Call to Order and Roll Call
The2nd meeting of the Interim Joint Committee on Transportation was held on<Day> Tuesday, July 17, 2012, at 1:00 PM, in Room 149 of the Capitol Annex. Senator Ernie Harris, Chair, called the meeting to order, and the secretary called the roll.
Members:Senator Ernie Harris, Co-Chair; Representative Hubert Collins, Co-Chair; Senators David Givens, Jimmy Higdon, Paul Hornback, Ray S. Jones II, Bob Leeper, R.J. Palmer II, John Schickel, Brandon Smith, Damon Thayer, Johnny Ray Turner, and Mike Wilson; Representatives Linda Belcher, Leslie Combs, Tim Couch, Jim DeCesare, David Floyd, Keith Hall, Richard Henderson, Melvin B. Henley, Jimmie Lee, Donna Mayfield, Charles Miller, Terry Mills, Lonnie Napier, Rick G. Nelson, Tanya Pullin, Marie Rader, Steve Riggs, Sal Santoro, John Short, Fitz Steele, Jim Stewart III, Tommy Turner, and Addia Wuchner.
Guests: Representative Ted Edmonds; Representative John Will Stacy; From the Kentucky Transportation Cabinet: Tom Zawacki, Commissioner, Rick Taylor, Deputy Commissioner, Department of Vehicle Regulation; Ann D’Angelo, Office of Legal Services; Sergeant Tristan Truesdell, State Police, Division of Commercial Vehicle Enforcement; Brian Alvey, Director, Local Affairs and Policy Development, Kentucky Farm Bureau Federation.
Approval of Minutes
Representative Henderson made a motion to approve the minutes from the June 5, 2012 meeting as submitted. The motion was seconded by Representative Collins and adopted by voice vote.
New Farm Vehicle Escort Regulations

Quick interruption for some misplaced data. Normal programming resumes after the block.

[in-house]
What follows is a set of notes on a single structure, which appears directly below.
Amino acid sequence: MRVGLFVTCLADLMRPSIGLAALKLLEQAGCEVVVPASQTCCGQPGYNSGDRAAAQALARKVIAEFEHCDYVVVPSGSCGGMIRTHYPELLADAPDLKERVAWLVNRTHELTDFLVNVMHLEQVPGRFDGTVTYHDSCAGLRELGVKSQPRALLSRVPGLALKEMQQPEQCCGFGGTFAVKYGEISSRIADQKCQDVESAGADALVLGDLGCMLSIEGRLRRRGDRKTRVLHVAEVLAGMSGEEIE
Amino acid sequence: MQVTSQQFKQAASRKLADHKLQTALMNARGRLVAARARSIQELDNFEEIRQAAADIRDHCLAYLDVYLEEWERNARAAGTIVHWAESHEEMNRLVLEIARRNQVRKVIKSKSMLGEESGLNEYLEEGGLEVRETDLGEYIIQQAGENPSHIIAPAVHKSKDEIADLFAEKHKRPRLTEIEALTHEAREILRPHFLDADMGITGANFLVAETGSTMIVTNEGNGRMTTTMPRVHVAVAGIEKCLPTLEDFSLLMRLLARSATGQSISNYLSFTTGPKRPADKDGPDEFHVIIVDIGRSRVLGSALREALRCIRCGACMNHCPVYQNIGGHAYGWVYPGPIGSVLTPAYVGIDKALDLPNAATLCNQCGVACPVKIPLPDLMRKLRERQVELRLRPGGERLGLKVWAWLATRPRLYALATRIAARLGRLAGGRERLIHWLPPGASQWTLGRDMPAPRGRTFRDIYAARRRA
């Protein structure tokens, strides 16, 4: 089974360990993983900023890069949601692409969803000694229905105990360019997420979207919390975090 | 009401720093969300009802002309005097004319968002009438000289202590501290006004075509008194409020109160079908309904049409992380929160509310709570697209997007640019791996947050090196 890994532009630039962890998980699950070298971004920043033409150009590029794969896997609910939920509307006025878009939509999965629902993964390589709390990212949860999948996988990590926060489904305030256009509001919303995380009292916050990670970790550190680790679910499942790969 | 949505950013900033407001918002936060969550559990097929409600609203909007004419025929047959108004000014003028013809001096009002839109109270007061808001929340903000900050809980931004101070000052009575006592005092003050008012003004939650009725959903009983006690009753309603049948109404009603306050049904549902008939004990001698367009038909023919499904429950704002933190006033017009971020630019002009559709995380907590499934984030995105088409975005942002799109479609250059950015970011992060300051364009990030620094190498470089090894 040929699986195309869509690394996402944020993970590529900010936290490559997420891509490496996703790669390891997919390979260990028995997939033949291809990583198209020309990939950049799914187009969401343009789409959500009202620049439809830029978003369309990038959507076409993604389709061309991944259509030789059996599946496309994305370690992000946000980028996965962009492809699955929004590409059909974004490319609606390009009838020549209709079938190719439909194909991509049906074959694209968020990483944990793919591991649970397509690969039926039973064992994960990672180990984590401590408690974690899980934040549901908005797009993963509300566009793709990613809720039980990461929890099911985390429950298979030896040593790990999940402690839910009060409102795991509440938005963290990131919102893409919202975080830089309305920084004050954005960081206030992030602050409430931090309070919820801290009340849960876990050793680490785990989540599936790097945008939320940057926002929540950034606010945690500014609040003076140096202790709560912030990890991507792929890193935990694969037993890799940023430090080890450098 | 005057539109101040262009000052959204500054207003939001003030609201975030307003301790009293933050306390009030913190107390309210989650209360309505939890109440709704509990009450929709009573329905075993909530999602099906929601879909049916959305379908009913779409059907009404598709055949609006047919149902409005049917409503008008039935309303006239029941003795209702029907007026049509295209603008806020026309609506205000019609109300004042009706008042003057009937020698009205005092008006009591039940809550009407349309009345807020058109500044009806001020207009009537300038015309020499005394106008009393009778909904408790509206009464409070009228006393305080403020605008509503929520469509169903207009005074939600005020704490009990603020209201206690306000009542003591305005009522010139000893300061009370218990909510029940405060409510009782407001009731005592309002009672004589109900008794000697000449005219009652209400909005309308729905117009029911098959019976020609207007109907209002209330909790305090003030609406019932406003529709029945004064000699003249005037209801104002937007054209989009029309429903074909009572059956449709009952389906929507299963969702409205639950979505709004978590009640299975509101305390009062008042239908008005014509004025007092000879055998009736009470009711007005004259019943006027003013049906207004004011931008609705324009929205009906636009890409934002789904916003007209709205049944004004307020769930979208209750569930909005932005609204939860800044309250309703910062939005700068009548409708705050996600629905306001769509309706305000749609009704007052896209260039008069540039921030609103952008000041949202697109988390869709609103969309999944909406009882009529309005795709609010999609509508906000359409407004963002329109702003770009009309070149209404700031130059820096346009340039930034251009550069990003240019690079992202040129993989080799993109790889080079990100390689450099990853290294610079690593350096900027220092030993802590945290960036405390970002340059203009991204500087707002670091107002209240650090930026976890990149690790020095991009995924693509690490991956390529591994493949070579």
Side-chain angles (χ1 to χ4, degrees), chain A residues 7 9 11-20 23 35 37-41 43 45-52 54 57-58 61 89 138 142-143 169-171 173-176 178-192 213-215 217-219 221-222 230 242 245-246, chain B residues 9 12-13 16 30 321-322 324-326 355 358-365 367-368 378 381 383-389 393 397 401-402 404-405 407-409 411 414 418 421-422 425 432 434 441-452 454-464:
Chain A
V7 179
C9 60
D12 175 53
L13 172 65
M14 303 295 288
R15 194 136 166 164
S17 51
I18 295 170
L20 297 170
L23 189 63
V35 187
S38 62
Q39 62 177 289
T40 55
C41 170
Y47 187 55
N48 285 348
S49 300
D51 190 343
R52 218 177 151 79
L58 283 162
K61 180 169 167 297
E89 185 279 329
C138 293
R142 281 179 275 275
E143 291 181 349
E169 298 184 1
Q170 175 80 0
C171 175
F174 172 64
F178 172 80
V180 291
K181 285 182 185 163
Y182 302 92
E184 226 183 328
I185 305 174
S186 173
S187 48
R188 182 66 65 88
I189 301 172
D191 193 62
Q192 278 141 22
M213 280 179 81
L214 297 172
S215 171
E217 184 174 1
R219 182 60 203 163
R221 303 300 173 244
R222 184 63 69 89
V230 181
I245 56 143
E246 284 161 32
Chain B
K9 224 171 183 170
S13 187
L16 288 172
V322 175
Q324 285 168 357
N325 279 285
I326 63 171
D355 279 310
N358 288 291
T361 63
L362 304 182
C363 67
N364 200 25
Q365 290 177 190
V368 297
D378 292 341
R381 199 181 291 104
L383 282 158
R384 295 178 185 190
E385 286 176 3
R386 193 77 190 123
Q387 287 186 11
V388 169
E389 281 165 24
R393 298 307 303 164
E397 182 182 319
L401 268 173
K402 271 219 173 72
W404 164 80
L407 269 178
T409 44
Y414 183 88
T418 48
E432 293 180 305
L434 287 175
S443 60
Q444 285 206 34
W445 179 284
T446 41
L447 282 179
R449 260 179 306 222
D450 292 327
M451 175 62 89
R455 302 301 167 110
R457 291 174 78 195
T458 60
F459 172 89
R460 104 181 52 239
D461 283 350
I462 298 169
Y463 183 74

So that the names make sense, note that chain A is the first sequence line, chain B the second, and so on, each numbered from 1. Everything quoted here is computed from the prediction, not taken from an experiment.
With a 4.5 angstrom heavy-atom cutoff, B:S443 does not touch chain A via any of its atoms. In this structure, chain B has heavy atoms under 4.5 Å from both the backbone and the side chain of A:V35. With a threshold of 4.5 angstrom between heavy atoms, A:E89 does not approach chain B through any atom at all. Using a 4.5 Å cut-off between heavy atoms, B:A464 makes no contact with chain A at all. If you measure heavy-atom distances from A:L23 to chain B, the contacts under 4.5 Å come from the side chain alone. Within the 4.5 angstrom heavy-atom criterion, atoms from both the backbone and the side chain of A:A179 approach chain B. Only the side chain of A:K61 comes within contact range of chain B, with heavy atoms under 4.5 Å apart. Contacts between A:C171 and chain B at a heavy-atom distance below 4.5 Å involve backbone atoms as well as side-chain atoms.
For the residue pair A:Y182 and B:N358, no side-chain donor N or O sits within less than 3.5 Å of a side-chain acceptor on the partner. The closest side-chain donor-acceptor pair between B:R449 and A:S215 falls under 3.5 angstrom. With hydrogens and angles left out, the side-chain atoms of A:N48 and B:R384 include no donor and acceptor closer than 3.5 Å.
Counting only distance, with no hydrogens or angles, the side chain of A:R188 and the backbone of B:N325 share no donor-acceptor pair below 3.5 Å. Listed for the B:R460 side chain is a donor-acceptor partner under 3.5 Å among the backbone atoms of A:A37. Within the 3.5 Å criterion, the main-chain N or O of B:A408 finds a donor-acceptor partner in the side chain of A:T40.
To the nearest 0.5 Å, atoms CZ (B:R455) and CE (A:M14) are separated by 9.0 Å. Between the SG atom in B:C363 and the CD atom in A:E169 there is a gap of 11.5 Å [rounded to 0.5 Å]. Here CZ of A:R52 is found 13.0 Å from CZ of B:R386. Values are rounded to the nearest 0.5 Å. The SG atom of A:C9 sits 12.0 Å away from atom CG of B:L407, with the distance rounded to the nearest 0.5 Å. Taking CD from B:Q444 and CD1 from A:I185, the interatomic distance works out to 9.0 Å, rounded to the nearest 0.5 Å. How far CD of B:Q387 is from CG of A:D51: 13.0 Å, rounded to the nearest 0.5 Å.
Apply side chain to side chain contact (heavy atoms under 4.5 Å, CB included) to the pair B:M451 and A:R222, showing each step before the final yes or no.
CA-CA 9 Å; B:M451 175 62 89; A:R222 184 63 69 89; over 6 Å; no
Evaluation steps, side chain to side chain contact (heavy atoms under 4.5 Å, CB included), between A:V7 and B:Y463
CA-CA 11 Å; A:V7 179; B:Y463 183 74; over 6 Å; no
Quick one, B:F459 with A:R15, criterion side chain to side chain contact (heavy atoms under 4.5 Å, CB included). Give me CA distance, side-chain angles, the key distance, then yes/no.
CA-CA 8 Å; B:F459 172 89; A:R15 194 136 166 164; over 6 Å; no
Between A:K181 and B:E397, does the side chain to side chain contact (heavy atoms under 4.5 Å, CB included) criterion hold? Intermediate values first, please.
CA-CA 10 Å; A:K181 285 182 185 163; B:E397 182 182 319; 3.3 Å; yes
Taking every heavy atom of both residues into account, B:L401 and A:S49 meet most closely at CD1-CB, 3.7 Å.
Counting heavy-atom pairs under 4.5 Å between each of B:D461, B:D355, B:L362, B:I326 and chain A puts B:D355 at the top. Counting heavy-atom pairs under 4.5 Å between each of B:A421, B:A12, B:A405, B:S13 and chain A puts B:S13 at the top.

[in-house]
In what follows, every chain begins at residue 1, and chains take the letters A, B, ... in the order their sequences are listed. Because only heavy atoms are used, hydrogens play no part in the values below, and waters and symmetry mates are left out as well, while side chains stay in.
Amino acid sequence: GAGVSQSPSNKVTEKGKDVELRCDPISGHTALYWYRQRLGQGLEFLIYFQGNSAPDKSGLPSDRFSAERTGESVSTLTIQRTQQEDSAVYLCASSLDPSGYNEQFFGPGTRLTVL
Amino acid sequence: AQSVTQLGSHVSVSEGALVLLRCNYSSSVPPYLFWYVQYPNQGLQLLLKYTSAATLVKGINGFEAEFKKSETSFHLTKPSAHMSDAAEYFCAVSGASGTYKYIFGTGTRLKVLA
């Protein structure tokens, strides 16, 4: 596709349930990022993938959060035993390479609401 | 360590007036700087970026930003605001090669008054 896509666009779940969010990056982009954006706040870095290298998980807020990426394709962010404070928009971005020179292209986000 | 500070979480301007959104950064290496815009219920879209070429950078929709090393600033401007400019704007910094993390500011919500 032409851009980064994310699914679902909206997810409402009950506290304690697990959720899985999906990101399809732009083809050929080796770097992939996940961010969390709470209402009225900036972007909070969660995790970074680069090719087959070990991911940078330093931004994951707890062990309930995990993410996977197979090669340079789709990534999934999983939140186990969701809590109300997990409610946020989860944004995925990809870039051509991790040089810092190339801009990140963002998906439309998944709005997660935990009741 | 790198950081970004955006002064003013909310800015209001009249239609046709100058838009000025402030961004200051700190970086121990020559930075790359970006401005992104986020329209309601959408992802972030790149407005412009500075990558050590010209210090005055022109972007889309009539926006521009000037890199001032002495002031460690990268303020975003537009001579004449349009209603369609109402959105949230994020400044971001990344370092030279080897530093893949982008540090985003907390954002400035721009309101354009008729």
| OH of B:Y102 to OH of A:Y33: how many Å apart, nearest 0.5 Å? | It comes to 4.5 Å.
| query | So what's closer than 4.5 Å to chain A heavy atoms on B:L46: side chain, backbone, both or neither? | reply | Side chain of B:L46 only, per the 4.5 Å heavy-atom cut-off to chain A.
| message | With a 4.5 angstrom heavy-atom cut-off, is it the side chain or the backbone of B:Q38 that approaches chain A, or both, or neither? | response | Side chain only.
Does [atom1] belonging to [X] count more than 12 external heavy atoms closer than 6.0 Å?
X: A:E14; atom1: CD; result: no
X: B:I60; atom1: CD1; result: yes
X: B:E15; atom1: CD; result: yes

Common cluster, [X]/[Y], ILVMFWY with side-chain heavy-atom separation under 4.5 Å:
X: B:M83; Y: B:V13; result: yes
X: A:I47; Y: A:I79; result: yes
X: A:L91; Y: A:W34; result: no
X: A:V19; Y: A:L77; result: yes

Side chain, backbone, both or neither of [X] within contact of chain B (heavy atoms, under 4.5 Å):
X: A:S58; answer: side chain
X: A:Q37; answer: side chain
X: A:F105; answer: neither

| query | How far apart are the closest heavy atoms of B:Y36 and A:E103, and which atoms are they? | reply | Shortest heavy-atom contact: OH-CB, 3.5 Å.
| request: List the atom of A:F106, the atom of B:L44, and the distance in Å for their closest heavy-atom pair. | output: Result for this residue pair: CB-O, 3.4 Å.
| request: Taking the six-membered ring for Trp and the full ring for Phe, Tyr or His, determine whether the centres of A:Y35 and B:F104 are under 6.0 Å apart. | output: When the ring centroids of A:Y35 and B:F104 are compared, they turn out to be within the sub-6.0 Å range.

Tom Zawacki, Commissioner, Department of Vehicle Regulation complimented the combined efforts of the Transportation Cabinet, LRC, and legislators to make the process a smooth one.
Ann D’Angelo, Assistant General Counsel, Office of Legal Services gave an explanation of the history of the farm vehicle escort regulations. She explained that the regulations started out as an independent regulation pertaining to overweight, overdimensional vehicles, 601 KAR 1:018. The farm vehicle escort regulation was formed when the Cabinet tried to amend 601 KAR 1:018 and realized that there was interest in having the farm provisions in a separate regulation (601 KAR 1:019).
Ms. D’Angelo stated that House Bill 518 was filed during the 2012 Regular session which caused the farm vehicle escort regulation, 601 KAR 1:019 to be deferred until the bill was passed, in order for the Cabinet to conform the provisions of the regulation to match the legislation.
Rick Taylor, Deputy Commissioner, Department of Vehicle Regulation explained that the major changes enacted in the farm vehicle escort regulation had to do with the escort requirements, lighting requirements, and signage of escort vehicles. These changes made the requirements slightly more flexible for the farming industry. The Cabinet added a definition for “convoy” to allow several pieces of farm equipment driving together to only need one escort vehicle, rather than requiring each piece of equipment to have an escort vehicle.
In response to Representative Collins, Mr. Taylor explained that, on a two lane road, a vehicle exceeding twelve feet in width must have a single lead escort, and a convoy of vehicles that exceeds a width of twelve feet will also need a single lead escort.
In response to Senator Givens, Mr. Taylor stated that rules governing the transporting of agricultural products, whether the vehicle is farm owned or a commercial trucking outfit, is dependent on how the vehicle is registered for operation (farm use or commercial use). Vehicles registered with farm tags are not permitted to haul “for hire” under the statute.
In response to Senator Hornback, Mr. Taylor explained that a farmer has the discretion to use either amber flashing lights or a flag at the widest point of the vehicle.
Kentucky Farm Bureau’s Farm Vehicle Regulation Guide
Brian Alvey, Director, Local Affairs and Policy Development gave an overview of Kentucky Farm Bureau’s Farm Vehicle Regulation Guide. The guide is a quick overview of farm vehicle regulations for constituents, county clerks, Department of Vehicle Enforcement, and other interested parties.